Ephraim Asculai, Senior Research Fellow at the the Institute for National Security Studies, and Emily Landau, Senior Research Associate at INSS, argue that while the Iran nuclear agreement is being implemented, there are still significant flaws that need to be remedied in the implementation phase to ensure the agreement functions. They suggest meticulous verification mechanisms to monitor Iranian compliance, transparency in the verification regime, professional oversight and analysis of the IAEA's verification techniques, timely reporting, and verifying and checking information provided by member states to the IAEA as ways to ensure that Iran does not cheat on the agreement and is held to its commitments. Read more about The Details of the Iran Deal Matter, Now More Than Ever
Nicholas Burns, Senior Fellow at the Belfer Center, argues in The New York Times that with the likely passage of the Iran nuclear deal, the President needs to put in place a strategy to continue to check Iran regionally and to ensure that they do not build a nuclear weapon. He suggests the US should reaffirm the American commitment to defend the Gulf Region from any aggressor, clarify that the United States will use force if Iran violates the deal and seeks to build a nuclear weapon, renew US-Israeli security cooperation and mend fences with Prime Minister Benjamin Netanyahu, and reaffirm US commitment to maintaining a coalition of states opposed to Iran's regional and nuclear ambitions. Read more about What Should Obama Do Next on Iran?
Robert Einhorn, Senior Fellow at the Brookings Institution, outlines major issues at stake in the debate about the Iran nuclear deal. Specifically, he discusses what will happen to Iran's program after the initial ten years of the nuclear agreement, how the agreement addresses the potential military aspects of Iran's prior nuclear research, the extent of IAEA access, the importance of arms restrictions on conventional weapons and ballistic missiles, the potential implications of sanctions relief, and the consequences of rejecting the nuclear agreement. Read more about Debating the Iran Nuclear Deal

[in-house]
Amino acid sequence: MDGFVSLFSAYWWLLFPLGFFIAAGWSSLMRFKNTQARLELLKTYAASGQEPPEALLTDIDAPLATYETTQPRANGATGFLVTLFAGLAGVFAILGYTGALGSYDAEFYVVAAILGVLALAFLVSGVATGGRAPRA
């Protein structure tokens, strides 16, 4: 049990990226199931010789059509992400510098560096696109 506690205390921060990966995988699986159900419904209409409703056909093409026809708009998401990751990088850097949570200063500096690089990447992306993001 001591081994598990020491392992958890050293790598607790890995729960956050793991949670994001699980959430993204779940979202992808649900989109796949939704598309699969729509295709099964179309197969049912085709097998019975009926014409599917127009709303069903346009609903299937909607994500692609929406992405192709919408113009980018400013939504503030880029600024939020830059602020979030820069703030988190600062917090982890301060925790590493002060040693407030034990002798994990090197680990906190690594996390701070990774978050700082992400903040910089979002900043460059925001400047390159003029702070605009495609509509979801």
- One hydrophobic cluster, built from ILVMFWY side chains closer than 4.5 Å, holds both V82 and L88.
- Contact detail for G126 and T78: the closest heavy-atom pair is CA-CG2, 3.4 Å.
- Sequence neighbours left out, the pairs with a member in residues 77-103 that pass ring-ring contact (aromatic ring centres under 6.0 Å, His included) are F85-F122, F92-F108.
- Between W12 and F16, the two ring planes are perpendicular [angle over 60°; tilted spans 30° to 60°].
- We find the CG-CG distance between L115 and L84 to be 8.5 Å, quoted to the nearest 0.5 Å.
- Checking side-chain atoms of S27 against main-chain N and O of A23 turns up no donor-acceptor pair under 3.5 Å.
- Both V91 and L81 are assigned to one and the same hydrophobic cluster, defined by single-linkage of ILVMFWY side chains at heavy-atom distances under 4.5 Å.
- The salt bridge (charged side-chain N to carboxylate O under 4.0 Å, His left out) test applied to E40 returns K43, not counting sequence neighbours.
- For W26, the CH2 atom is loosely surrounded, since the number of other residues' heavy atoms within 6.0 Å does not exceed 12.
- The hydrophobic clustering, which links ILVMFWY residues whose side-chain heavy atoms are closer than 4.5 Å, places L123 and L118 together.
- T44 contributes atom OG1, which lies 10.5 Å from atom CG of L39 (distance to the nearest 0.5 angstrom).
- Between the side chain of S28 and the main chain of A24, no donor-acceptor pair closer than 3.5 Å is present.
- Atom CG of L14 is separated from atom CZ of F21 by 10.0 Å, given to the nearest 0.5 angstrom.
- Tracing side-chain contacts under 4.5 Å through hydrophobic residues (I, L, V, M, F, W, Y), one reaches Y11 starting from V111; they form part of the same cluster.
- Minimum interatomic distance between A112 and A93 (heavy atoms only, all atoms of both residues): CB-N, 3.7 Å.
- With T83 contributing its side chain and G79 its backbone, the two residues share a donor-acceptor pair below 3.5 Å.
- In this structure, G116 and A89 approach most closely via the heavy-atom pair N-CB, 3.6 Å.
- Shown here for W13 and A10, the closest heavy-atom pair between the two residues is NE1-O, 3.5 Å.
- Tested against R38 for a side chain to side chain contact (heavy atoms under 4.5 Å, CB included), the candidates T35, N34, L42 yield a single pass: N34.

Dennis Ross, International Council Member of the Belfer Center for Science and International Affairs and David Petraeus, Senior Fellow at the Belfer Center, write in The Washington Post that it is necessary for the United States to continue to project a strong deterrent to Iran in order to insure that it does not develop nuclear weapons after the expiration of the most stringent controls of the nuclear deal. Specifically, they argue that the United States should provide Israel with the Massive Ordinance Penetrator bomb, capable of destroying the most heavily defending Iranian nuclear sites, in order to strengthen the deterrent against trying to break out and built a nuclear weapon. Read more about How to put some teeth into the nuclear deal with Iran
Graham Allison, Director of the Belfer Center for Science and International Affairs, highlights important analysis pieces discussing the recent Iran nuclear deal. Specifically, he focuses on pieces by Richard Haass, Sandy Berger, Efraim Halevy, Amos Yadlin, Shai Feldman, and Ariel Levite which analyze the important pros and cons of the nuclear deal, its repercussions for US and Israeli policy in the region, and how the United States should move forward in responding to the Iranian nuclear challenge. Read more about Best Analysis on the Iran Nuclear Deal
The Iran Project at the Belfer Center for Science and International Affairs has completed a report on Iranian relations with the Arab World in the wake of the Iran nuclear deal. The recent nuclear agreement reached between Iran and the P5+1 in Vienna, or the “Joint Comprehensive Plan of Action” (JCPOA), is an historic agreement which is consequential not only for international security and nuclear proliferation but for Iran and the broader Middle East as a whole. In particular, one of the key arenas that the agreement will impact is Iran-Arab world security relations and, at its center, the Iran-Saudi cold war. Spawning regional conflicts and proxy wars from Yemen to Lebanon, Syria, and Iraq, the confrontation between these two regional powers serves as the geopolitical and security background upon which the nuclear deal was forged. How this cold war proceeds—whether or not it is effectively managed and resolved, or how it escalates—will largely determine the security dynamics and landscape of the Middle East for years to come.